Author: Wen Dee Tan
Illustrator: Wen Dee Tan
Age Group: 1-6
Synopsis: Lili is an extraordinary but unusual girl, this makes it difficult to make friends but in the end her own bravery and self-esteem are key to helping those around her.
The Low Down:
If I had walked into a candy shop when I was little and had been told to choose whatever I want, the price doesn’t matter, I would have freaked out. That’s what going to the library is like for me. I just grab stuff. I grab old favorites, books that look good, books that seem odd but may grow on me. It doesn’t matter if they turn out to be total duds because we can just return them. That doesn’t stop me from trying to find a stack of the most amazing books imaginable. But I have limited time as Bug will only sit still for so long. This last trip left me certain that I’d picked eight books that were all gems. Alas, it wasn’t meant to be. Only two were really amazing; Lili was one of them.
Lili follows the story of a young girl whose hair is fire. It can be big or small, helpful or an annoyance. Lili’s friendly and wants to get along with the other children her own age but ends up being ostracized for her eccentricities. She doesn’t let this stop her stop from helping the village children when they are in trouble though. In the end, they discover ways that they can all have fun without causing injury.
The story’s message is one that is quite common but it’s well presented and something that I feel is worth reiterating. I want Bug to know that when he gets older, if he doesn’t fit in it doesn’t mean that he needs to change who he is. And it doesn’t mean that he won’t ever fit in. Maybe I’m being pessimistic and he won’t take after me and he will fit in with everyone else. In that case, he’ll need to remember that everyone has worth and treating someone cruelly because they are different isn’t an option that is acceptable in our family. Either way, Bug’s not that concerned with messages at the moment. What made Lili a repeat read in our home is the phenomenal illustrations.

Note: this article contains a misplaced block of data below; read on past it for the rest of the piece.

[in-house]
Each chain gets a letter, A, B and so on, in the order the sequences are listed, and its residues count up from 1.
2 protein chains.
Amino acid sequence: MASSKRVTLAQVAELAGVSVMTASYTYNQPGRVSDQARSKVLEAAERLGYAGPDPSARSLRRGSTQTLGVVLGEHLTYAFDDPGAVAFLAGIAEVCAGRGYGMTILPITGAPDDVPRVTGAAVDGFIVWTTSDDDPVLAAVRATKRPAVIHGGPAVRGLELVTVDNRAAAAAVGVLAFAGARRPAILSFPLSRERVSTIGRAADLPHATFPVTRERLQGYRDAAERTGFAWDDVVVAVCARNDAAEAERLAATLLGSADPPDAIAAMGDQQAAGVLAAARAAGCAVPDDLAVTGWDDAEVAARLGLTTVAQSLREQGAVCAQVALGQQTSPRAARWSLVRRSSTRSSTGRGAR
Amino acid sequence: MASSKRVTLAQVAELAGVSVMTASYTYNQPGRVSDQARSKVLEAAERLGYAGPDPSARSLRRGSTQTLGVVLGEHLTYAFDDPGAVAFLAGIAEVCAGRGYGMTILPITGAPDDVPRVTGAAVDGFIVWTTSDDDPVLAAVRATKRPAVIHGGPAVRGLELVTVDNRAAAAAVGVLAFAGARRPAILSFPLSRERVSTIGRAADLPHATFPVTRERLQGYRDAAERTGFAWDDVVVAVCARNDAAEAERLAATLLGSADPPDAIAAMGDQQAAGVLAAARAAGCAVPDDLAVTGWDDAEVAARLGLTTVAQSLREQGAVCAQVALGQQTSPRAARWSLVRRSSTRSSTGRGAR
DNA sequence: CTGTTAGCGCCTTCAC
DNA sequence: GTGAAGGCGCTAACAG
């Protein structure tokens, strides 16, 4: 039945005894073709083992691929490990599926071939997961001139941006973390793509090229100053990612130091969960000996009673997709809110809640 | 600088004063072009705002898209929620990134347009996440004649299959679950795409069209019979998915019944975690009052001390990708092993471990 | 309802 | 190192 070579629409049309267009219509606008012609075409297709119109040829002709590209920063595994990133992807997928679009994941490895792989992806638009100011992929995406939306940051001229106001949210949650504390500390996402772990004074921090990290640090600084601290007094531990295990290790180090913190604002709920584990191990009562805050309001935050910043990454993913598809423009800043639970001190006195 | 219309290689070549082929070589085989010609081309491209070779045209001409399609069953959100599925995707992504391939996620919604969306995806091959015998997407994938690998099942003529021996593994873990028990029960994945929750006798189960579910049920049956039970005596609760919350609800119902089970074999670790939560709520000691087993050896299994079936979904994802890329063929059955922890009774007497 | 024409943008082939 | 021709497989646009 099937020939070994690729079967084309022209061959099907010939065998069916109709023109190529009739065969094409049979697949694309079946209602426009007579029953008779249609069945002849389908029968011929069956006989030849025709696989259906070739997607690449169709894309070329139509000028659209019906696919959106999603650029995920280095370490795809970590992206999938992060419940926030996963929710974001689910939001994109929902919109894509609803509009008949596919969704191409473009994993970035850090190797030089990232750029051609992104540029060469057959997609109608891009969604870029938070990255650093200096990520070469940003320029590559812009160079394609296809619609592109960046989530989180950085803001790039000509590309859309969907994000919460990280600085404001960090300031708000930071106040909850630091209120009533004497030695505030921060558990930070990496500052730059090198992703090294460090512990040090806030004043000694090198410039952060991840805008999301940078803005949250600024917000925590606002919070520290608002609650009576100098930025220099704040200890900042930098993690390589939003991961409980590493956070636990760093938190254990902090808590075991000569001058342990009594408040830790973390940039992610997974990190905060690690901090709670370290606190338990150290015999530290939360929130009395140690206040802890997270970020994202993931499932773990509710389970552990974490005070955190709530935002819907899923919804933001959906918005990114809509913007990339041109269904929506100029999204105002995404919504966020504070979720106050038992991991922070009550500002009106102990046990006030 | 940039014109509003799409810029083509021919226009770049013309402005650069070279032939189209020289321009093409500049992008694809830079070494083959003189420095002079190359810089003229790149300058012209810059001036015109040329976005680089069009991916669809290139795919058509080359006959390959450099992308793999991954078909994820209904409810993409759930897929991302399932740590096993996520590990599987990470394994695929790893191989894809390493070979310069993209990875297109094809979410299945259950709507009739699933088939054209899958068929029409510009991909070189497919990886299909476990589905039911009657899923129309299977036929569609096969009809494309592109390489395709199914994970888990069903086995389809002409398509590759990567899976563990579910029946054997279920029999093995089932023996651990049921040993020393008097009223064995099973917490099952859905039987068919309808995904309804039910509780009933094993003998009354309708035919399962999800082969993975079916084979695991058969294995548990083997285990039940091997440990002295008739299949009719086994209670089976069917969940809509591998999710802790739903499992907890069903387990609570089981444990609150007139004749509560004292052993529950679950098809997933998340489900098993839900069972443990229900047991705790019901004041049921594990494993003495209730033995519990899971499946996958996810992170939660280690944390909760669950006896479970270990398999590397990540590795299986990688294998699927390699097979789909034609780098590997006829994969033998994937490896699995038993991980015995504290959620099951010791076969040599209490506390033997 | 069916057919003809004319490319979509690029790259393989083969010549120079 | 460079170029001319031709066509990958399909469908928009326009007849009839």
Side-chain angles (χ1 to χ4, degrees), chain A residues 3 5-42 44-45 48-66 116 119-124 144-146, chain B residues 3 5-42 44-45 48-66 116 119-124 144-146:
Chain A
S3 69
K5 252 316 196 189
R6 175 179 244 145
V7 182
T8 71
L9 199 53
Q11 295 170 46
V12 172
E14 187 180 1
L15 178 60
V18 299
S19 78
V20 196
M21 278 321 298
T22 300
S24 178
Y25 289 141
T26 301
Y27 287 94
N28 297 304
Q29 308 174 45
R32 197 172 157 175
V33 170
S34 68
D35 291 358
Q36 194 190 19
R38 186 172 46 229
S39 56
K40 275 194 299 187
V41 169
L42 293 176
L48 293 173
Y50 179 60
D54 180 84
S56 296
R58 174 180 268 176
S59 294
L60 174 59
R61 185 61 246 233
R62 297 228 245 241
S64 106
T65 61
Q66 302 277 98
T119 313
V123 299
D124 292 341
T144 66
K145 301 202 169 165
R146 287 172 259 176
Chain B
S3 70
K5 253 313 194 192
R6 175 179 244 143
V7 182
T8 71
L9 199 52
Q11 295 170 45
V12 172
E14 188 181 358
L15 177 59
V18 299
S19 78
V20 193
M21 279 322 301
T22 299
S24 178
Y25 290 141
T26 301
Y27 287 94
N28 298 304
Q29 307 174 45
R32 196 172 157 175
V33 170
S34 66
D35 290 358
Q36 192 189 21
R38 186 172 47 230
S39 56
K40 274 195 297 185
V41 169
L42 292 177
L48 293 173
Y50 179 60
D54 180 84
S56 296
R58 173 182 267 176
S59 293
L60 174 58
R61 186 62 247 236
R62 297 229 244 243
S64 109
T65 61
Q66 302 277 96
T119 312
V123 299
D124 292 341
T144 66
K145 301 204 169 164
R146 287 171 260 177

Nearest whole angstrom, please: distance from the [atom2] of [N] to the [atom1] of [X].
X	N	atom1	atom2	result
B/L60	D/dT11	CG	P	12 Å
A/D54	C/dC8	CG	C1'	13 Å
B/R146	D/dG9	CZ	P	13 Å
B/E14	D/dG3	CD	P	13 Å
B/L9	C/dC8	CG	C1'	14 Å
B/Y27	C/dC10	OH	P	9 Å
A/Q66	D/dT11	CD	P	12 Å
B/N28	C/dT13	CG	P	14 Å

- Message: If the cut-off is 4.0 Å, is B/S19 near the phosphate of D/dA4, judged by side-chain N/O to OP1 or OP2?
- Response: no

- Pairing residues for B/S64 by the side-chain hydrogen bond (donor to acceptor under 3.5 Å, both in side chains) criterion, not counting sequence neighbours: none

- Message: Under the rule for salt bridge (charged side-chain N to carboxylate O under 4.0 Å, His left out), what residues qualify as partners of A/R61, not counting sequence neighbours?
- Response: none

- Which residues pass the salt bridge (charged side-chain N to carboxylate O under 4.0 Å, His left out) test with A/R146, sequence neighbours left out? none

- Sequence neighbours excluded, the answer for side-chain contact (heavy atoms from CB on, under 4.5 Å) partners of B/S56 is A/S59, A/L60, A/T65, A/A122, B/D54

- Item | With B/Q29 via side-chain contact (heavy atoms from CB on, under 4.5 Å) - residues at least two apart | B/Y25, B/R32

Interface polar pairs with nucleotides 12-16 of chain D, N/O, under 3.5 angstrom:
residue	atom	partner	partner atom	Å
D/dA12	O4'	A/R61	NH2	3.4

Lili‘s pages are mostly white with black drawings. The only thing that has color is her hair. The reds and oranges of her hair almost set the page on fire. They don’t, thank goodness as they are beautiful and striking in their simplicity and such destruction would be a tragedy. The small, bubbled illustrations are amusing and sweet and have kept Bug and I coming back to this book again and again. I’m torn if I want it to become a home library addition or a treat that we visit on our bi-monthly library trip. It’s exciting to have a friend waiting for us on the shelves and Lili is the perfect kind of friend.
- Talking about how lonely Lili could be is difficult at Bug’s age but Wen Dee Tan does a good job of illustrating this. In the pictures where Lili is alone, we talk to her and interact with her. I’m trying to lay the foundations of how to include people and practicing with fictional characters is a great opportunity.
I need more!
Wen Dee Tan has a few more amazing picture books including: Fairytale Alphabet, The Great Dragon Warrior, Miki has a Problem, and Circus Boy. We have yet to read any others but the illustrations look amazing and if they’re half as good as Lili then they are sure to be instant successes.
Add to my library: